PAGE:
• One of the selling points of Filofax is that you only need one organiser that you can use throughout many years. My current Filofax organiser is made of faux leather. I bought it second hand but it was unused and is still in really good condition after now being lightly used by me for about three months. However, another unused Filofax I bought, also made of faux leather, had deteriorated over the years (sun exposure or just being exposed to the atmosphere/air) meaning that you may eventually need to replace your Filofax if it is made of a less-durable material. I think you will still get several years of use out of a faux-leather Filofax assuming it’s not too old when you start using it, and leather organisers probably last much longer. I am now just cautious about buying second-hand faux leather as I won’t always be able to tell from photos whether the material is still going to be durable. You would have this same issue with organisers, diaries, and notebooks by other brands made from similar materials.
  • The ring system may eventually wear out. It may eventually not close as tightly anymore or the two halves of a ring may close in a way they are no longer aligned perfectly. This can catch the contents of your organiser. This is a very minor issue on the bottom ring on my Personal organiser. It appears that in Filofax, the rings are not (easily) replaced so when your rings are busted, you may have to retire the whole organiser.
  • The inserts are not cheap when you look at original Filofax products but they do have a wide range of inserts, even some on coloured paper! However, when you compare the costs of a diary insert for a year with a cheaper-end bound diary, Filofax is more expensive. The same goes for Filofax (lined) note paper inserts compared with a cheap (lined) notebook. For some people, it might be too expensive to use a Filofax. I get around this by making many of my own dividers and some of my own inserts. For this, I bought the special hole punch (less than £10 here), but I already had all of the other craft tools I use to make my Filofax stuff, such as large scissors, a paper cutter, a laminator, a label maker, a printer, a ruler etc. I also already had coloured card and coloured paper, label maker tape, laminator pouches. If you would want to buy all of this only for making your own Filofax stuff, then this would be very expensive and not worth the cost: you’d be better off just buying from Filofax or companies/people making compatible dividers/inserts.

I have become a big fan in just these few months of use because for me, Filofax has so many advantages that I can’t imagine going back to a bound planner.

I wish I had known about the rings system as a teenager and student. I honestly don’t know why I never considered such a system before. The only thing I can think of is that I might have thought “I really hate writing on the ‘wrong’ side of a ring-bound notebook as my right hand would be uncomfortable resting on the rings”, but for something like short diary entries this is not an issue at all. If I want to write more than just a quick note on the ‘wrong’ side of the paper, I just take the page out!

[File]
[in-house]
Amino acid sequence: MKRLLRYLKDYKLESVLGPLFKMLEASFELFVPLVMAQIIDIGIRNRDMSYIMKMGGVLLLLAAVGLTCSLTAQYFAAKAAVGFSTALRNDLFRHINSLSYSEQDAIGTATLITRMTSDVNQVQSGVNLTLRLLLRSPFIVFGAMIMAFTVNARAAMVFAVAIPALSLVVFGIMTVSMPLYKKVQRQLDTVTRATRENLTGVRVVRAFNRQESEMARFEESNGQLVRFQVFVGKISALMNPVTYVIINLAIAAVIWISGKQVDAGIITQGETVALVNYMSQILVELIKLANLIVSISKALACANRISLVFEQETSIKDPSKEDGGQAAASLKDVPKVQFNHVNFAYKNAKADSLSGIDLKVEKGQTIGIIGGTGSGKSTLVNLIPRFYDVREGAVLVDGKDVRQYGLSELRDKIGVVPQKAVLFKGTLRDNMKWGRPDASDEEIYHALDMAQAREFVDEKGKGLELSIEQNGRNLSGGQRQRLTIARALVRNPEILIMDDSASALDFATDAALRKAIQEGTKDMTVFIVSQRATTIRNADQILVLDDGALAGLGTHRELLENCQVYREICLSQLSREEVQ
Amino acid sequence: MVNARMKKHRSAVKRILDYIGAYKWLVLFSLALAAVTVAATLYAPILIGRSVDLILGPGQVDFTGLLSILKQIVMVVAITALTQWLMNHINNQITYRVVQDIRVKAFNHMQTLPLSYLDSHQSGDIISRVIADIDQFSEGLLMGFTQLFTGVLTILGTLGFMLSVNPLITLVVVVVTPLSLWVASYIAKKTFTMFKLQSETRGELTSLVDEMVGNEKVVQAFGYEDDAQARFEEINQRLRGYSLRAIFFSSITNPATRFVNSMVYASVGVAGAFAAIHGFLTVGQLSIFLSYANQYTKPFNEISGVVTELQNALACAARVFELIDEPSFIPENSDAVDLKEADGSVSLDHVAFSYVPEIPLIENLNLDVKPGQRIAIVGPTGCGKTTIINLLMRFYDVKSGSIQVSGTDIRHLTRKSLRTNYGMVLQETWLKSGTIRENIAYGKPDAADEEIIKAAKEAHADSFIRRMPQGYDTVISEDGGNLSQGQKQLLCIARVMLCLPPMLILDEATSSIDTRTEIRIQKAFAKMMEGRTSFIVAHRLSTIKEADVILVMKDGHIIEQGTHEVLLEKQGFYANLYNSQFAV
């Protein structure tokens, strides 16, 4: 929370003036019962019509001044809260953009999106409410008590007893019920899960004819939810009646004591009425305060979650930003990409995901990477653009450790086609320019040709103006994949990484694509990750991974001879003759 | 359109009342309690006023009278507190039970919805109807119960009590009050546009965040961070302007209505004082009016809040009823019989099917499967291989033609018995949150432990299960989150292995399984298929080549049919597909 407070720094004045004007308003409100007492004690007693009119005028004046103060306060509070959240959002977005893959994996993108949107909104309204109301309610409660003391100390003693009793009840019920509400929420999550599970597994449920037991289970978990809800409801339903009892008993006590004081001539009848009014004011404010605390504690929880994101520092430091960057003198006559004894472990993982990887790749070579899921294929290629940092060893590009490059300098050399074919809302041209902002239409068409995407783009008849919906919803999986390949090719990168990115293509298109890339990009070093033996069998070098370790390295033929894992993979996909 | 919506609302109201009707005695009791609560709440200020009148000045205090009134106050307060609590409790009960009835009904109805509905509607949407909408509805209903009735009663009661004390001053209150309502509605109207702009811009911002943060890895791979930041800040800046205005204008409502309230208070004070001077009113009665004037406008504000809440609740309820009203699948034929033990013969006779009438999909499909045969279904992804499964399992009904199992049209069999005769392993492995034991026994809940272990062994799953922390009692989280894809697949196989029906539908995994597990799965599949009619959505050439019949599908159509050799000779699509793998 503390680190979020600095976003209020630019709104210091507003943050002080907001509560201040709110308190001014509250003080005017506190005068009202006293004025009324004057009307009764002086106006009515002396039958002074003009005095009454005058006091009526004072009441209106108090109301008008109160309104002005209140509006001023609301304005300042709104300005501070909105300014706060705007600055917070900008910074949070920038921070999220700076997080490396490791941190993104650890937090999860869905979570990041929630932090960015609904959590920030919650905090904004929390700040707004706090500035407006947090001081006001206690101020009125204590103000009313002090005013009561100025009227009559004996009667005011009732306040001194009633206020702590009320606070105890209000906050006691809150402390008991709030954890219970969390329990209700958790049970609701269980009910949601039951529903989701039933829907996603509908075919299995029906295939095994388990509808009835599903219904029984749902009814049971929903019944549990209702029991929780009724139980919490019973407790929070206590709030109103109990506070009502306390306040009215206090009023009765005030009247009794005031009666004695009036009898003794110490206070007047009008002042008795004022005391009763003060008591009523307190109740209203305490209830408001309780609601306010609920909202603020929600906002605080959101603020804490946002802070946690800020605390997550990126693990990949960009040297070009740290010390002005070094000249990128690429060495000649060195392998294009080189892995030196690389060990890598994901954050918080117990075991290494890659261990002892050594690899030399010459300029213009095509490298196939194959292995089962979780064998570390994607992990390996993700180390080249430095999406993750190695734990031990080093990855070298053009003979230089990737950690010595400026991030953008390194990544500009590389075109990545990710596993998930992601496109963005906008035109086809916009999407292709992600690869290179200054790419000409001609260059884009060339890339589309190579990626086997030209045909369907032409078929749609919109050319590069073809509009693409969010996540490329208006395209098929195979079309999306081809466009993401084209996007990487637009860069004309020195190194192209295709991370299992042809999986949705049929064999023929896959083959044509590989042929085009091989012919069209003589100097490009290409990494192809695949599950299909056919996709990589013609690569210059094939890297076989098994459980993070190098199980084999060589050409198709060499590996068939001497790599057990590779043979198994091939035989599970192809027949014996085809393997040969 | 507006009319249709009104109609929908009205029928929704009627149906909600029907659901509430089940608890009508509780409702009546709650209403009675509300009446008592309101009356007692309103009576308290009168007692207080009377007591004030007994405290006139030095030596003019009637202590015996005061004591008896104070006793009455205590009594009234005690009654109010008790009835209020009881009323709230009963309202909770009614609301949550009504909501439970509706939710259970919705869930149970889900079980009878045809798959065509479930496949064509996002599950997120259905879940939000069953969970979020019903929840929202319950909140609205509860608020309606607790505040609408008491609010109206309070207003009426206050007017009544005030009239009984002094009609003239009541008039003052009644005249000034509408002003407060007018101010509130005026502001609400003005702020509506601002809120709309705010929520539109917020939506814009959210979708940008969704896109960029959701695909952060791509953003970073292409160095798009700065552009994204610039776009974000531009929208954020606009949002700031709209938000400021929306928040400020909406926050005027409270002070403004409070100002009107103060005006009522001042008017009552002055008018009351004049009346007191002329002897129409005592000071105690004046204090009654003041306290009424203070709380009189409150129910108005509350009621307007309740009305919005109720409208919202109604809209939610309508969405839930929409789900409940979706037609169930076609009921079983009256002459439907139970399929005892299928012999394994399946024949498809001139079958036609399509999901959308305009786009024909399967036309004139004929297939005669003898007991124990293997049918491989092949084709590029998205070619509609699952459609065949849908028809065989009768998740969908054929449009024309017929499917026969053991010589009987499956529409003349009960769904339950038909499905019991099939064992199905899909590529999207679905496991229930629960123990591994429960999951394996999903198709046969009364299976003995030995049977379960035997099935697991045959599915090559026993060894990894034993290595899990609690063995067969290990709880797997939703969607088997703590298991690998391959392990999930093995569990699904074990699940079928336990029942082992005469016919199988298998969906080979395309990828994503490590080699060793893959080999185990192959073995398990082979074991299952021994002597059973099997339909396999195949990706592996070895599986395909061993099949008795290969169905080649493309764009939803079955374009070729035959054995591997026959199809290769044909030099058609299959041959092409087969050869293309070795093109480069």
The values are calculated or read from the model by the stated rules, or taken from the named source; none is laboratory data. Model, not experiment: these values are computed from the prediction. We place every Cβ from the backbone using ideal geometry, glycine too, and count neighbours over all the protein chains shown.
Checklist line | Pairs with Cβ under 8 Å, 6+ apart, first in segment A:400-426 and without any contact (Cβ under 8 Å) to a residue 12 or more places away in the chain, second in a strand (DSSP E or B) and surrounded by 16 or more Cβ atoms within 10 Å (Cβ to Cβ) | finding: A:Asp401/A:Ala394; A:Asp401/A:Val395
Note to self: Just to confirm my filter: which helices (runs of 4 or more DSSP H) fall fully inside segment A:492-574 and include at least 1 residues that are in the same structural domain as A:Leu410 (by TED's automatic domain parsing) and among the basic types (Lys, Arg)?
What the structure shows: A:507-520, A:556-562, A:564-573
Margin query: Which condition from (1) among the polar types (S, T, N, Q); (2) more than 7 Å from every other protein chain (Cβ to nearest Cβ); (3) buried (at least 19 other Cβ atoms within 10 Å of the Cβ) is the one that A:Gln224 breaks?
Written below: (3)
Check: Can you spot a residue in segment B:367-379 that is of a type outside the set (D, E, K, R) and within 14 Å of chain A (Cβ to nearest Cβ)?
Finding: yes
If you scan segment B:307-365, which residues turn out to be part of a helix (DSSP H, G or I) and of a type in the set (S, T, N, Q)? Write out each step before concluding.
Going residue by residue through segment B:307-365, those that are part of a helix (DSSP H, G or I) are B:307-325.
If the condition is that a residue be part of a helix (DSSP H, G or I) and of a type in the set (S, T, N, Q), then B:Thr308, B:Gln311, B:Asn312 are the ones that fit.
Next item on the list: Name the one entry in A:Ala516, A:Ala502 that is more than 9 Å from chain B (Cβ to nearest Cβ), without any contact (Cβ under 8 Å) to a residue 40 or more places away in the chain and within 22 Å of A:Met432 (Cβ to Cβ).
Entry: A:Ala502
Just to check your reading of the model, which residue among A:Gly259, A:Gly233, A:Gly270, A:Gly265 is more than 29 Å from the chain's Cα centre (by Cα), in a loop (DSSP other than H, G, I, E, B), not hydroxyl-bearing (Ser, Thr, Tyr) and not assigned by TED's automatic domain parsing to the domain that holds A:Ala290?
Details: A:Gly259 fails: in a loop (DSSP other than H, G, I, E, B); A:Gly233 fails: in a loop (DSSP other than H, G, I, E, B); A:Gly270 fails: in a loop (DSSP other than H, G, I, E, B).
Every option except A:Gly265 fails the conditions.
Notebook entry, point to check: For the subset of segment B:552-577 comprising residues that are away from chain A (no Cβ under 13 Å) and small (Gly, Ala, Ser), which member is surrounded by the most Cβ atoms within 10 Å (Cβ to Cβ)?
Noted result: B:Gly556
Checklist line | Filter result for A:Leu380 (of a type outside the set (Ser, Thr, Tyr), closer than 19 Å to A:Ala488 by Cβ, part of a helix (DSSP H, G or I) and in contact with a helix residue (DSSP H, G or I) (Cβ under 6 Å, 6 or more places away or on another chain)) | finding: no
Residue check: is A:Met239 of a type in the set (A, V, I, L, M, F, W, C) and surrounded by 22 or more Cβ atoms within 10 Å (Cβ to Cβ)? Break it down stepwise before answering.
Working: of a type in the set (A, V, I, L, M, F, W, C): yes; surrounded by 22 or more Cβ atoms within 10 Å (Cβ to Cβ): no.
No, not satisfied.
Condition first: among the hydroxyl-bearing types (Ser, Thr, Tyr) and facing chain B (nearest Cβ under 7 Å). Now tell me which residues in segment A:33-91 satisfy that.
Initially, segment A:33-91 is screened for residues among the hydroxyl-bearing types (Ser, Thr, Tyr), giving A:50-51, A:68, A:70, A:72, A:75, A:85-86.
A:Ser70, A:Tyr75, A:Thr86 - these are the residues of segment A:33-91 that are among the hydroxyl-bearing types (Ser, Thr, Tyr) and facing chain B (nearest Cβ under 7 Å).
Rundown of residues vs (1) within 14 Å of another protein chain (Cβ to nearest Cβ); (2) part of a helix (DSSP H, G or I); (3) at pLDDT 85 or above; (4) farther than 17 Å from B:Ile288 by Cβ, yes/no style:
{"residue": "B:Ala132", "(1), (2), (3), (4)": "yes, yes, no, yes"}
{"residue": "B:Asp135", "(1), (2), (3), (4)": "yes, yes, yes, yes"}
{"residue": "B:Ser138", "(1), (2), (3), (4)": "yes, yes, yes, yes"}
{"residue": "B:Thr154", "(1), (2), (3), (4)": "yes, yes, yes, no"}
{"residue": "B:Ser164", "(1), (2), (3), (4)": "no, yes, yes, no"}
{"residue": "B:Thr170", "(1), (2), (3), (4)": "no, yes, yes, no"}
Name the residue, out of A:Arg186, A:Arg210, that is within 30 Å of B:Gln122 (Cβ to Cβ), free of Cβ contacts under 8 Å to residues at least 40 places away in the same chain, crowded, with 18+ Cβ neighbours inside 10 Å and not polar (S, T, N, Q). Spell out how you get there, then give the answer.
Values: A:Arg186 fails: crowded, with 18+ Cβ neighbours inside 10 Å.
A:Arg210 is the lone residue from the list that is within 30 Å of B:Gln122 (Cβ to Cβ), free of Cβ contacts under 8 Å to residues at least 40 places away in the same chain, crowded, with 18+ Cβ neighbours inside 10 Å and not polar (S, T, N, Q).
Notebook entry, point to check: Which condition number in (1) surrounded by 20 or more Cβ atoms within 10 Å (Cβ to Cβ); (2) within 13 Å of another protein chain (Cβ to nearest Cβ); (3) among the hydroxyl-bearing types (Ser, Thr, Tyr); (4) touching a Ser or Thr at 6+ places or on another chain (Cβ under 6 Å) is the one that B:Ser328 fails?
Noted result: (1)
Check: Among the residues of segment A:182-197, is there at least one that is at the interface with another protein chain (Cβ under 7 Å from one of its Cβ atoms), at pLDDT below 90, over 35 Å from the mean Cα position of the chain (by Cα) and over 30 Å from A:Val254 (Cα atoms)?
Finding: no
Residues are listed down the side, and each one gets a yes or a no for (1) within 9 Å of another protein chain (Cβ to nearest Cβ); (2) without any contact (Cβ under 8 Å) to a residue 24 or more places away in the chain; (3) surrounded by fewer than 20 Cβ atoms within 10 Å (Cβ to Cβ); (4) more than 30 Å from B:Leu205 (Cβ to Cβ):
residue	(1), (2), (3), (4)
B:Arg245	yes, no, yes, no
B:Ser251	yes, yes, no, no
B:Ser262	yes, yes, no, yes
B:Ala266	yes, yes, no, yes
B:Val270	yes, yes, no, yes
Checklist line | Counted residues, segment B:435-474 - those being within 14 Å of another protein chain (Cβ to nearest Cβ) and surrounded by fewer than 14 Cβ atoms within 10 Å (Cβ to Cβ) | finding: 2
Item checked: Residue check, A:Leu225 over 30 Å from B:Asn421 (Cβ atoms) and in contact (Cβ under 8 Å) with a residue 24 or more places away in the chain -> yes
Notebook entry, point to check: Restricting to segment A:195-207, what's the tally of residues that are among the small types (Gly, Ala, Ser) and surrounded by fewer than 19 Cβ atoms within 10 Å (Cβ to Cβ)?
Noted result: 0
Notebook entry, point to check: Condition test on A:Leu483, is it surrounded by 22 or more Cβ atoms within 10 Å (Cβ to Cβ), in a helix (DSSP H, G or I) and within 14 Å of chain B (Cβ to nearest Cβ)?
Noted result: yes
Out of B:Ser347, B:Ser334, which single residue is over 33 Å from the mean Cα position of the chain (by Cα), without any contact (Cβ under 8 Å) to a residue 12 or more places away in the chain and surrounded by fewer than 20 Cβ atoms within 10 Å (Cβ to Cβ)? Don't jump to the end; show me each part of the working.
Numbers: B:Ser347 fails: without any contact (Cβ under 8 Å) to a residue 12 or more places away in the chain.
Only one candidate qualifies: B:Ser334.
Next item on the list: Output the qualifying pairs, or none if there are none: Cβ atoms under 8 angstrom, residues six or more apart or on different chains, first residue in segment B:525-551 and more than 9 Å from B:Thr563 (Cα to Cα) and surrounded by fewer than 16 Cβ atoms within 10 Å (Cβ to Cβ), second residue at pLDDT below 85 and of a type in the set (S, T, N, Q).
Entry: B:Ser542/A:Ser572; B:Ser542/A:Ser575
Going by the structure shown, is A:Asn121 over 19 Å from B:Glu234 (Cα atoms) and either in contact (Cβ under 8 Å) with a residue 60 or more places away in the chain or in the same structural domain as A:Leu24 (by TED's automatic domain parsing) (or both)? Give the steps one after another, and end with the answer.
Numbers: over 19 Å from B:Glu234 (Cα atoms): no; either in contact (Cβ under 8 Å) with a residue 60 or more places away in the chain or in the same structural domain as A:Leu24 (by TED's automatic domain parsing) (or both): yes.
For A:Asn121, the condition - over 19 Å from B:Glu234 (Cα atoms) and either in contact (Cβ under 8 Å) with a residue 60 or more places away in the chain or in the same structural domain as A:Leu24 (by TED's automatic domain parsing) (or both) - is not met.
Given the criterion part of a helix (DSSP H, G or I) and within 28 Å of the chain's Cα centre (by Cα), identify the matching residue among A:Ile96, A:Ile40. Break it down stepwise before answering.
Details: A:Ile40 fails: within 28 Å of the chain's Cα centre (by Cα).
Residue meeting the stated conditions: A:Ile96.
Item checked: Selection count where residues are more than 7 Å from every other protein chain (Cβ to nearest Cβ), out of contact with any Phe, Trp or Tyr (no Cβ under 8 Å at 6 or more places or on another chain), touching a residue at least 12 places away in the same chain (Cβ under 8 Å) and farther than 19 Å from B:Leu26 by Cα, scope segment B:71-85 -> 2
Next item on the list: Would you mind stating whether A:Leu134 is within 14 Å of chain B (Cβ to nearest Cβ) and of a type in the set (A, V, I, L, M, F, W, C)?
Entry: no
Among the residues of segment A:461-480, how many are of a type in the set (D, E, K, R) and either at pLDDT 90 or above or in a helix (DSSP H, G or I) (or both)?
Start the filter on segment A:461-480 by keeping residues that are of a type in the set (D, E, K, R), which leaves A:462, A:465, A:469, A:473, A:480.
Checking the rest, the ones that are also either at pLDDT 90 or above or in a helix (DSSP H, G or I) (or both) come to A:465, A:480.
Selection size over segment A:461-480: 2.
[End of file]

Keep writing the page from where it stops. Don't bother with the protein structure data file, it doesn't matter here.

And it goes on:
Another thing that I might have thought when I was younger was that these ring-bound systems were quite expensive, too expensive for me when I was a teenager. And they do cost more money, even buying a non-leather Personal Filofax you are looking at spending about £35 (or more). The cheapest bound diaries of a similar page size can be purchased for less than £5 at Tesco (I even saw a few that are just £1-2), so that’s a huge difference in price. Additionally, the diary inserts, which you would have to buy each year, cost around £10, which is obviously more expensive than a cheap bound diary. I think here you will just have to consider the difference in quality and the features of a loose-leaf system vs a bound system and decide whether the price difference is worth the features of a loose-leaf system. For me, right now, it absolutely is!

PS: And here is an image of my organiser Metropol in the Personal size:

This Metropol is made of black faux leather. The rings are 25 mm inner diameter, which is smaller than I would prefer, but it’s still very convenient to use (I just can’t store as much junk in here as I’d like!). I created the dividers myself using thick paper, labels made with my label maker, and the whole divider was then laminated. The ‘dashboard’ is made in the same way. I love the plastic from the laminating on the dashboard: sticky notes stick really well to it and you can remove them and place them back many times without the sticking capacity being affected.

By Alex

I have been crafting since early childhood and currently do mostly sewing and illustration. 'Almalauha' is the project I started to showcase my sewing/fashion hobby, at least that was the plan. But because I like a million different arts/crafts things, I'm just going to share most of the creative things I do on this blog.